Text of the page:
Aesthetics and the Political in Contemporary India: Deleuzian Explorations

Mumbai, 13-19 February. I joined a Deleuze camp and conference at the Tata Institute for Social Sciences.

Photo by Zach Horton

Camp session: The contemporary imperative of creativity and possible lines of flight

The imperative to be/come creative increasingly permeates contemporary life. Especially young people are encouraged to look for jobs that are creative, that promise freedom, and that allow for an expression of the true self. The new creative workforce that is hence emerging is as flexible as it is precarious. With creativity turned into a competitive asset, we witness today a competition, the more creative a person, a city, a district, a country is, the better. Creativity thus serves as a force that regulates, disciplines and steers, it can be read as yet another intensification of biopolitical power. In this camp session we will engage with this emerging imperative, or dispostif, of creativity, and the demands and pressures it imposes on especially global youth today. After a critical Foucauldian diagnosis of this dispositif, one that we will also translate towards our own biographies, we will turn to Deleuze and his ideas of lines of flight and micropolitics. How can we find lines of flight outside of the overcoded language of creativity? Acknowledging that there is no outside to the system of what can opaquely, and highly problematically, be termed global capitalism or global neoliberalism, are there ways for us to tweek and twist our personal biographies, explore a micropolitics that mutates this notion of creativity, that allows for failure, for being not creative? Can we discover more provocative translations of the term into terrains that do not aim to turn creativity into capital, but that pay attention to, for example, craftsmanship, to collaborative creativities, or to a creative commoning that may produce what can be termed a rhizomic publicness in which the creative self is skillfully circumvented.

Conference paper: It smells like creativity: What if Kurt Cobain comes to China to rescue us?

With its emergence as a global power, China aspires to move from a “made in China” towards a “created in China” country (Keane 2011). Creativity and culture have become a crucial source for innovation and financial growth, but are also mobilised to promote a new and open China to both the citizenry as well as the outside world. They are part of what is termed China’s “soft power” (Nye 2004). The words of Chinese president Hu Jintao in 2008 are telling in this respect, he claims, “[We must] enhance culture as part of the soft power of our country to better guarantee the people’s basic cultural rights and interests. A nation cannot stand among great powers without its people’s spiritual affluence and the nation’s full expression of its creativity.” (in Keane 2009: 221)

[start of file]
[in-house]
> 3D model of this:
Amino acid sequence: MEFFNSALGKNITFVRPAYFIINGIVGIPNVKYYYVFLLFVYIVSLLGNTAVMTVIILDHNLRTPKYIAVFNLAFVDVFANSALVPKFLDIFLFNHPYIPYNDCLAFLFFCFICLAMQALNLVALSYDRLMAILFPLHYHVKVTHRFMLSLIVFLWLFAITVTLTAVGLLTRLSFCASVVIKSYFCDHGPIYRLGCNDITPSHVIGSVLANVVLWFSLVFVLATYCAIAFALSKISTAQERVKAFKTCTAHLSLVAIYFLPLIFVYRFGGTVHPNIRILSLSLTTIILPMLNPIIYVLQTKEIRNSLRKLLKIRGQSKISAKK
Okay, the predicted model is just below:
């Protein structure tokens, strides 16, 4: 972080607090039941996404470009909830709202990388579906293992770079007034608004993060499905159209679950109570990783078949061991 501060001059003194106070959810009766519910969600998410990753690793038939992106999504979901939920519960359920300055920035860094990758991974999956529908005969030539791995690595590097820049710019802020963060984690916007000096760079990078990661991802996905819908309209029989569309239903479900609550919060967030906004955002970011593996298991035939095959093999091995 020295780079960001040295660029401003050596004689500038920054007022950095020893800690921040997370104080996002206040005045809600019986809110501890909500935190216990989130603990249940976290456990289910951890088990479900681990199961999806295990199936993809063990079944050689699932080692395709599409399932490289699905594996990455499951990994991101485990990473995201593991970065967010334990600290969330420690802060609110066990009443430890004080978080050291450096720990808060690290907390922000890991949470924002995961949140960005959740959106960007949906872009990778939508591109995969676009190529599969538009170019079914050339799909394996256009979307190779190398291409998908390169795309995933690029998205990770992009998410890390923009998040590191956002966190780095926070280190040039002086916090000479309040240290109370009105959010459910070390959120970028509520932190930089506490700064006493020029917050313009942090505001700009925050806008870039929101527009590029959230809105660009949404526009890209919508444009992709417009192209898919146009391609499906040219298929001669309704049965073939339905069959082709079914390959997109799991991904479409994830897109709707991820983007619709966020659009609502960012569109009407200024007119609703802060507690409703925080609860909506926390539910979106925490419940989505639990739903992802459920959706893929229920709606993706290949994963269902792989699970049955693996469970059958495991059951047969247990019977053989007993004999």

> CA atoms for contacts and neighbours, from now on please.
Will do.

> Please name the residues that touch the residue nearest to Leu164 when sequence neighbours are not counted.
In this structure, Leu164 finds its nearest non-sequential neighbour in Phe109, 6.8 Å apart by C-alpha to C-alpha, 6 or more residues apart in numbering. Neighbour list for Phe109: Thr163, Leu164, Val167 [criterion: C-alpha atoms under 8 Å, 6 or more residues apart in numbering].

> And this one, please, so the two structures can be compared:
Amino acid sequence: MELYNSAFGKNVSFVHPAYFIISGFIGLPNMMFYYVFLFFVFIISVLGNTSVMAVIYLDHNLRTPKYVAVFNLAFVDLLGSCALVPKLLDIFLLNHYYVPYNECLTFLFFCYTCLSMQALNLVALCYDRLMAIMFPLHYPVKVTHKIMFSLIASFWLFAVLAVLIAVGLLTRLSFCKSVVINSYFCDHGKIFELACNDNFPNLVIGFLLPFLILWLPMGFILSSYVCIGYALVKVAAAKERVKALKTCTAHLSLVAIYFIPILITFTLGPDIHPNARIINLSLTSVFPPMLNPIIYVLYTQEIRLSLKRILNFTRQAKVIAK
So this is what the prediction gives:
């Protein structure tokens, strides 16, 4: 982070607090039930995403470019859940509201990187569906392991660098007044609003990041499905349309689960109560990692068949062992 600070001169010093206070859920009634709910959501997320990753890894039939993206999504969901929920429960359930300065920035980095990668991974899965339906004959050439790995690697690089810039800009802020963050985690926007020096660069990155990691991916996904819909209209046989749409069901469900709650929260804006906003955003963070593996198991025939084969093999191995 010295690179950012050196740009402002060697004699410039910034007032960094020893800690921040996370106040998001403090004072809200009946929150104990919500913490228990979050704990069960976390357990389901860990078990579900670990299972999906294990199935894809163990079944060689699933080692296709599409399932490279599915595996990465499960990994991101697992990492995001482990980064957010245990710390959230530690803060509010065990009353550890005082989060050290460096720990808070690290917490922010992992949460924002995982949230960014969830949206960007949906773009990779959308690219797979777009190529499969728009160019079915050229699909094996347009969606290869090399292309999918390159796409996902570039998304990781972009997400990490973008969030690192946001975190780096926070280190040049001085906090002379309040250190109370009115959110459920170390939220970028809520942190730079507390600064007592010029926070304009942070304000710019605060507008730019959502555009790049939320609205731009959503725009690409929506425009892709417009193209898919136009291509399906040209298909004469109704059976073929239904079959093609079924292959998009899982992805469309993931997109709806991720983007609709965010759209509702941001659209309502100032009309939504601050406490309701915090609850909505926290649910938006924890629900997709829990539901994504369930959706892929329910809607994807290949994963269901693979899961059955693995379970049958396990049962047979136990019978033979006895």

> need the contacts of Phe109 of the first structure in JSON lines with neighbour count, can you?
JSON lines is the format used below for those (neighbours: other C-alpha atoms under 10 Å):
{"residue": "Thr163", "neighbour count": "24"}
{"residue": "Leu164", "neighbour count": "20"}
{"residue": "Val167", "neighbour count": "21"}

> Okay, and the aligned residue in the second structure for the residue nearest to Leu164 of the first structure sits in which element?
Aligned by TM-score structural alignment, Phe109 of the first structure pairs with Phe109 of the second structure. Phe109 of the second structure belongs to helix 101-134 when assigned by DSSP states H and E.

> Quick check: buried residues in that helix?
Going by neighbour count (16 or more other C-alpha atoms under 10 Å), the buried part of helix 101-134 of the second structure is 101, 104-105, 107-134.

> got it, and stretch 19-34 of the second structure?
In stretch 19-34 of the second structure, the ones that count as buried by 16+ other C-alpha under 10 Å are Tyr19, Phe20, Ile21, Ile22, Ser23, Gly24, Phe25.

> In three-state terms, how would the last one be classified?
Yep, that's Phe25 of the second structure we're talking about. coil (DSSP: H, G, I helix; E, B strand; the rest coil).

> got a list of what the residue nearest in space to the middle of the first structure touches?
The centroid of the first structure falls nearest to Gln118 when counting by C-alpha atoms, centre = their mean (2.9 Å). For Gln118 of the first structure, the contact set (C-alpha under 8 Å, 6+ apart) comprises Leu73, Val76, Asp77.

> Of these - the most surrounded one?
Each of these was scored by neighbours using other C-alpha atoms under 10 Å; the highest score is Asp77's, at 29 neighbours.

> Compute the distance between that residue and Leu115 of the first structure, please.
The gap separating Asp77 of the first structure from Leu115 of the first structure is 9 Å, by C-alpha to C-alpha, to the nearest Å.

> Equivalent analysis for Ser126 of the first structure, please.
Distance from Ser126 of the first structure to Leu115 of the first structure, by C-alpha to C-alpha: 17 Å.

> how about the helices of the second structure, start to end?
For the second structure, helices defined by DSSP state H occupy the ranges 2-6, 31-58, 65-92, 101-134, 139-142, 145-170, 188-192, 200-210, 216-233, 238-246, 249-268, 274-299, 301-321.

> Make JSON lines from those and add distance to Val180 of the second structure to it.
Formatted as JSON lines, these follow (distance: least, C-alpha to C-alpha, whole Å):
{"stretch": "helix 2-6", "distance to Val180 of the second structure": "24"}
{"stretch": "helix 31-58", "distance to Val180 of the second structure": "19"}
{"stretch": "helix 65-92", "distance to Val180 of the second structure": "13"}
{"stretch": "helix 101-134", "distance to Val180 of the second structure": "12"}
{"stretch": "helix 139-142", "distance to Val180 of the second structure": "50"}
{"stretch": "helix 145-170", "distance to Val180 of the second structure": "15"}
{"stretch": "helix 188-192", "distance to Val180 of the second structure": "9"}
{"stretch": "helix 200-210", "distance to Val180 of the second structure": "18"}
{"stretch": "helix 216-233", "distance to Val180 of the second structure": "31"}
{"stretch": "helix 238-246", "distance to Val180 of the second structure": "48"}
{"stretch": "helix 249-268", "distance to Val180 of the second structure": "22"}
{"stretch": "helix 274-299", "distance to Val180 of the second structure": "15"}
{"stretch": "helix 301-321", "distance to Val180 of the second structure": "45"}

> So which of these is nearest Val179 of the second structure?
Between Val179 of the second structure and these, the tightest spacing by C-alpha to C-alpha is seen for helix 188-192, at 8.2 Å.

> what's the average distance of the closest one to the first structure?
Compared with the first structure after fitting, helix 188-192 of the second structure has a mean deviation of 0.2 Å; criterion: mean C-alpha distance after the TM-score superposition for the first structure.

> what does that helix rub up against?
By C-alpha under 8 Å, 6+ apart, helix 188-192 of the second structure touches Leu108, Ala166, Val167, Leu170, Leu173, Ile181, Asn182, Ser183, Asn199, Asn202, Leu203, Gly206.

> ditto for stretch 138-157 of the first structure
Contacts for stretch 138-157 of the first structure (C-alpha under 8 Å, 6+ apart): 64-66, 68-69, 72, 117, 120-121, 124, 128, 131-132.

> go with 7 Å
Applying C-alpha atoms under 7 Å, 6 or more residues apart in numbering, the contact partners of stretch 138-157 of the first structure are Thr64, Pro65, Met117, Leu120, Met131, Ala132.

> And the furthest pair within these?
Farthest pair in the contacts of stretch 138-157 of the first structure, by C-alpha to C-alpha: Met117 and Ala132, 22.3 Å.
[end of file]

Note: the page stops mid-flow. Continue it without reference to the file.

In my paper I will, first, probe into the appropriation of the notion of creativity and soft power in the context of China. The overcoded language of creativity, innovation and sustainability, I will argue, are part of a governmental logic in which not only the Chinese state but also the global cultural industries are complicit. While this move towards creativity can be read as a consequence of the globalisation, after all, also London, Amsterdam and Mumbai aspire to become ever more creative, I will show how globalisation also allows for the infiltration of other counter-narratives. Taking my inspiration from the arrival of Kurt Cobain in 2011 in Beijing on a flying saucer,  in the movie Follow Follow from Peng Lei, I aim to look for such counter-narratives or, better, lines of flight away from the global discourse of creativity. Cobain left China in that movie, the country did not fit him, he claimed. He was wrong. As I will show, using examples from cinema, music, contemporary art and fake art, maybe less his temporary visit in 2011, that sadly remained by and large hidden from the public, but for sure his oeuvre and death, has had a lasting impact.

This significance becomes particularly apparent when we probe deeper into the issue of copying. In the movie, vocalist Peng Lei sings in the refrain of the title song of the movie, “we don’t want to copy you, we don’t want to become like you,” but all examples in the song – “we don’t sing karaoke, we don’t go on the Internet”  indicate that he is joking. The song’s refrain is therefore better to be read as: We do want to copy! And, indeed, through the omnipresent act of copying, it starts to smell like creativity in the urban centres of China. This smell allows for a contamination of that same notion of creativity, it allows for a micropolitics that undermines the overcoded language of creativity, and instead may uncover the dirt that lies beneath the shiny surface of that thing called “Chinese culture.”